“All the crazy shit I did tonight, those will be the best memories” – Kid Cudi, “Memories”
There are moments in life — as well as climbing — that we will all remember forever.
There’s the first time I hiked into the mountains and felt that absolute freedom only the high peaks can provide; that nano-second when I first swung my ice tool and felt it ‘stick;’ that first mind-blowing WI5 lead; the first scary WI6 lead.
Then there’s the moment when two living legends — one an ice and mixed climbing maestro, the other a virtuoso with a camera — pulled up at my door one morning to head out for a day of climbing and photography.
Will Gadd had barley finished knocking on the door when he was back on the phone, texting, emailing, scheduling. I guess being an internationally-renowned ice and mixed climber, not to mention world-record setting paraglider and expert kayaker, brings with it its own set of downsides!
The other guy is Kennan Harvey, whose image of a rock climber at Lake Louise was the first-ever outdoor-adventure photograph to be featured on the cover of American Photo — an image I remember well, as I read that issue cover to cover — and who’s been creating spectacular images ever since. (Check it out: American Photo)
Driving up to Lake Louise, the fact that I’m in a car chatting with these two guys is a rather memorable moment in itself.
And then there’s the moment when, as Will is explaining the myriad dangers of falling ice, I realize I’d left my helmet at home. Shit.
But all is not lost: Will thinks he has a spare.
And then as I think about it, I realize that if I don’t have my helmet, I also don’t have my harness, which I generally roll up and stow in the helmet. Fuck.
Fuck, fuck, fuck, fuck, fuck.
This isn’t turning out quite as well as I’d hoped.
Between frantic texts to my wife — maybe she can drive up to Louise with my missing gear?! — we make a quick pitstop and ascertain that, yes, indeed, I have forgotten my helmet and my harness, but that, on a positive note, Will does in fact have an extra helmet. “There won’t be any photos of you today,” he says digging out the RedBull-decalled lid.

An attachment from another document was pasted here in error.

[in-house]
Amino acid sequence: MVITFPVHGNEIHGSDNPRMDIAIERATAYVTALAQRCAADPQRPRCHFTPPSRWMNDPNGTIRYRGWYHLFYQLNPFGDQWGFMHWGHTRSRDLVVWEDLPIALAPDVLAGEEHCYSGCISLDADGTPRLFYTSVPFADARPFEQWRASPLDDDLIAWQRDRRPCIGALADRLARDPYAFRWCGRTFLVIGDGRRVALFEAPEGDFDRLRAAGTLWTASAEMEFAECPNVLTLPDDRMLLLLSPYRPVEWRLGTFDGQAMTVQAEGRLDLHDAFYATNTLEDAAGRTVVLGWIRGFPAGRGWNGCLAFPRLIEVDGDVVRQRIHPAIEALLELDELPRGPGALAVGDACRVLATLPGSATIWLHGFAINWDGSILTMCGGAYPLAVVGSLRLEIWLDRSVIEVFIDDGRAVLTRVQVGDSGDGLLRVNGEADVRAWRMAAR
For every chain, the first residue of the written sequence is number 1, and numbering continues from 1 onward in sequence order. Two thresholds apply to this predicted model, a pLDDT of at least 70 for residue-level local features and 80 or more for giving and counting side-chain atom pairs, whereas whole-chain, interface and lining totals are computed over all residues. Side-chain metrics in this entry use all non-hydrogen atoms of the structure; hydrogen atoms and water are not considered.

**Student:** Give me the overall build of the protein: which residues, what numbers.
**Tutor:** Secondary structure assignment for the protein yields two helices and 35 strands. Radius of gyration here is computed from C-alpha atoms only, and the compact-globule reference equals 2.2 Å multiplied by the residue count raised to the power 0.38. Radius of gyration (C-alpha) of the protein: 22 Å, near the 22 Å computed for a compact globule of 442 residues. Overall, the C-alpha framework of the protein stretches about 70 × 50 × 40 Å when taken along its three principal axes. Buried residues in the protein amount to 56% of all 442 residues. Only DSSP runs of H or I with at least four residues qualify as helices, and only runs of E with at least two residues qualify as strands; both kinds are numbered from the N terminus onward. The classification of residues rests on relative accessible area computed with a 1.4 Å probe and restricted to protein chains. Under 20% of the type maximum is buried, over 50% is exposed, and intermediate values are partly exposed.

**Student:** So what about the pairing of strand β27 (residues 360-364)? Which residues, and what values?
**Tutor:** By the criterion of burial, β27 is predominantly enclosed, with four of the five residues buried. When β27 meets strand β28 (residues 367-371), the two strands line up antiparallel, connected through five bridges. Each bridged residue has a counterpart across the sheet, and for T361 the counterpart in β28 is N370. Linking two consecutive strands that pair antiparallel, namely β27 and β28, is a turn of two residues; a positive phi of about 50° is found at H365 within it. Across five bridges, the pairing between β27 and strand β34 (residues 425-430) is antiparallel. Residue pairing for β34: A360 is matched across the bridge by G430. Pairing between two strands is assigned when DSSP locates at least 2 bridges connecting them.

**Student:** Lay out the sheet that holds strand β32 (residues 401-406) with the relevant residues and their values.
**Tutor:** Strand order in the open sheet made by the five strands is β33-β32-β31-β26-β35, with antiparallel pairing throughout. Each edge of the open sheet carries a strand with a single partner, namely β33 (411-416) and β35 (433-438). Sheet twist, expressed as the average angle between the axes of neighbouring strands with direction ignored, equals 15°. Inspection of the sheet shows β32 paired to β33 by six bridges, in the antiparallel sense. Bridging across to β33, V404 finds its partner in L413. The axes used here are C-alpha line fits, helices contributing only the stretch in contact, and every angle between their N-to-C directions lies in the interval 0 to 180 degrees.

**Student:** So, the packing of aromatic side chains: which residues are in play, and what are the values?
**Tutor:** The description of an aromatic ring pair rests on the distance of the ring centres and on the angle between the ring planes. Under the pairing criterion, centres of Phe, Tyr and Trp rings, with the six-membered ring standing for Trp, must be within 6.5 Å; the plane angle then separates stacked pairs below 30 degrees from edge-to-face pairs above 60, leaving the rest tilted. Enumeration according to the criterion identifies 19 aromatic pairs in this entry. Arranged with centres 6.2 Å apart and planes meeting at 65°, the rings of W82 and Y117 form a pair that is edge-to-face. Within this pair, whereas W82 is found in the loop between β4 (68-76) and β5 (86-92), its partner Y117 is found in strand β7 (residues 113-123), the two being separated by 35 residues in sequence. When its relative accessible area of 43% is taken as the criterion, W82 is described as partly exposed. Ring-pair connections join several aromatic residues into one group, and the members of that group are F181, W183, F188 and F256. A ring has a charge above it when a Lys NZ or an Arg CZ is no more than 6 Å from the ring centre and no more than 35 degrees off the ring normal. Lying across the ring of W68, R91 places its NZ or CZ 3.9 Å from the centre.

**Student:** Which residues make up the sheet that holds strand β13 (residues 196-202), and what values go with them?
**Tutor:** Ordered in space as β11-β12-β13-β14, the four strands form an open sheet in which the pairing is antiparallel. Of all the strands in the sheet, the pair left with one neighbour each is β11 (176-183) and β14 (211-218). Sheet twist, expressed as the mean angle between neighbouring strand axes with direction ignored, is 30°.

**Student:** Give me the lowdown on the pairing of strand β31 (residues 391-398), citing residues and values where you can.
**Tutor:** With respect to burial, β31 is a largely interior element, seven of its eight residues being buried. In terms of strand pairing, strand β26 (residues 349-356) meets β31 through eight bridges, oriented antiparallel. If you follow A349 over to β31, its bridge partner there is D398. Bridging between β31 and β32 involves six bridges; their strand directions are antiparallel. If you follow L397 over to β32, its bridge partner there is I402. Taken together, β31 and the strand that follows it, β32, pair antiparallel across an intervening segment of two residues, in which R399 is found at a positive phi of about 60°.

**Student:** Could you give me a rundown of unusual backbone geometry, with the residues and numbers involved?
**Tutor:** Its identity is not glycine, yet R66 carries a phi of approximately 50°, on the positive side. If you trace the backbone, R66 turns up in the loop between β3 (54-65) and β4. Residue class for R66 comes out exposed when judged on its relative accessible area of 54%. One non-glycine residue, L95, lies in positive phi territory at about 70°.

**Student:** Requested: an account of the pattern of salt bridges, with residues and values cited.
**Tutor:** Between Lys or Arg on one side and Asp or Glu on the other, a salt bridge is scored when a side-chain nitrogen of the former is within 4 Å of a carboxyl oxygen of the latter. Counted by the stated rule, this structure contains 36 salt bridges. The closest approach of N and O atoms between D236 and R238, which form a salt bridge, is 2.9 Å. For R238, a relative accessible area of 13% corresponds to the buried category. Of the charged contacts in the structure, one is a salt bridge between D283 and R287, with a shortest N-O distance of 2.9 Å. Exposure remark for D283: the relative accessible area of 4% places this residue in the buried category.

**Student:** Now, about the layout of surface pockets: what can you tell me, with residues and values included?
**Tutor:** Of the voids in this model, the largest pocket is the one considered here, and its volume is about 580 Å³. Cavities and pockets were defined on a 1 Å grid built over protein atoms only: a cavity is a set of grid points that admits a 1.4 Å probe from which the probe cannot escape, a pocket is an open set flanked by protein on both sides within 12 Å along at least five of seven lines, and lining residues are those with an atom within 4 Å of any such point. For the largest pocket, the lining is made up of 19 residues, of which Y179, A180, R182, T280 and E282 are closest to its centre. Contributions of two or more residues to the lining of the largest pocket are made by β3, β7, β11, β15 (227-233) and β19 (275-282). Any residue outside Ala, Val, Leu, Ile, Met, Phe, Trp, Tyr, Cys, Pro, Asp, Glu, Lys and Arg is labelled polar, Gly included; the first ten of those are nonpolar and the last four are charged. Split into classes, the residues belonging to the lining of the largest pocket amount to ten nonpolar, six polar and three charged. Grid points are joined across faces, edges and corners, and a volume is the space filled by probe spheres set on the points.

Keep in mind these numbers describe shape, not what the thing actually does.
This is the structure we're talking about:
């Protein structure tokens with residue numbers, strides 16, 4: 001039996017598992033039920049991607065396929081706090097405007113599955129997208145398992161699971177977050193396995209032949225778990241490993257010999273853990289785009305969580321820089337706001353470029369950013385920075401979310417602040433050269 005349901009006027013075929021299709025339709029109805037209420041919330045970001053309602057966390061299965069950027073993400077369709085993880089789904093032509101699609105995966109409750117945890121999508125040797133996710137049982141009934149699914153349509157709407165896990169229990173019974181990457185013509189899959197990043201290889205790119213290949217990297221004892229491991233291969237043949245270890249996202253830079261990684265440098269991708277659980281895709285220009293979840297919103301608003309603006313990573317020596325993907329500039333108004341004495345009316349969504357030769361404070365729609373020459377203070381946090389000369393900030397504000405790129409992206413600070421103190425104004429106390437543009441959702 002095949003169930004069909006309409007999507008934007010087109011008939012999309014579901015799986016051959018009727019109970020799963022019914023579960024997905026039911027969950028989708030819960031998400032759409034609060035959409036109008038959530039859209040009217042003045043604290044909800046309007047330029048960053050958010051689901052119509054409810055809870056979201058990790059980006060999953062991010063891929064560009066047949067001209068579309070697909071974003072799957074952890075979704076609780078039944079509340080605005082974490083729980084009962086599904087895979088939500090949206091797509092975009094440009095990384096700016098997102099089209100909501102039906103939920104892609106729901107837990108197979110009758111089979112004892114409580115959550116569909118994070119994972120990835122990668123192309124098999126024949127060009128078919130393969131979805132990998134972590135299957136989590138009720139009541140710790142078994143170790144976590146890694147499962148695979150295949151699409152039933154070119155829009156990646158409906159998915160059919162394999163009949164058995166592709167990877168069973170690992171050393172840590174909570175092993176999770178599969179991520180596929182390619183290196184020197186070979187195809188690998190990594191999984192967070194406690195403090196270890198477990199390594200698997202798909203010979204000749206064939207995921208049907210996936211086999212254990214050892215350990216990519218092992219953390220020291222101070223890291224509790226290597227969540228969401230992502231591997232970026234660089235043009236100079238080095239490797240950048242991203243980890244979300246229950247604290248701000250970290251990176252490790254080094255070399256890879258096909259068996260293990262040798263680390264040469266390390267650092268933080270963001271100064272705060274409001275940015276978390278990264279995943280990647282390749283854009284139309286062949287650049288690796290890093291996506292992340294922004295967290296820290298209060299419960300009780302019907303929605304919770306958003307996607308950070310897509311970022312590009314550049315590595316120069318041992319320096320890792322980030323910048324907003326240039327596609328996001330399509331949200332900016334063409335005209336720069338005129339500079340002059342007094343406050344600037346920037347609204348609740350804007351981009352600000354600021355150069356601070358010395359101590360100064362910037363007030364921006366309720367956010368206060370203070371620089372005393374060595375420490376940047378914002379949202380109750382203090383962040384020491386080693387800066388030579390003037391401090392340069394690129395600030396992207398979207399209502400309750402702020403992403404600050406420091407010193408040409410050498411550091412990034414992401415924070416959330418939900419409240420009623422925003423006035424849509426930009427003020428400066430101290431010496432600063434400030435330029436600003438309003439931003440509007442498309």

So all is not lost — I have a helmet, we have rope, there are no hanging belays involved, I can belay off the anchor, I can make a sling harness, we’ll figure something out.
And, after all, before harnesses came about, climbers used to just tie a rope around their waist. I conjure up images from Fred Beckey’s recent Banff Mountain Film Festival slideshow, in which he showed photographs of tennis-shoe wearing climbers encircled with a length of hemp rope. It if worked then…
Back in the car, I’m pretty sure my embarrassment is palpable.
A short while later, gearing up at the base of Louise with Will, I wrap a sling around my waist and clip it tight with a locking ‘biner. Harness, done. At least I brought my crampons, tools, and other gear.
“Yeah, light and fast!” Will says with a grin, nodding at my makeshift harness. “This is quite funny. At least, I’m finding it pretty funny!”
I grunt something or other and continue gearing up, wanting to get moving as fast as possible. I’m sure the redness burning up my face could melt ice.
But within minutes everything fades away as the rope starts running through my GriGri, Will moving up the ice, heading for the cave. I forget that I’m wearing that famous Redbull helmet, but have a sling for a harness. The sky is a gorgeous blue, the warm March sun starting to peek over Fairview Mountain. The rope is running ever upwards, and I swing my arms, warming up for the climb.
These will be my best memories, the moments that I’ll remember forever.
Will on the right-hand pillar of Louise. Pretty sure we were the first two climbers up it this year — I learned a lot about ice climbing, and ice, by watching Will on this thing. I’ve always thought the best way to learn anything was to watch the experts do it, and then try it yourself! (Though I would have preferred to have climbed with a proper harness!)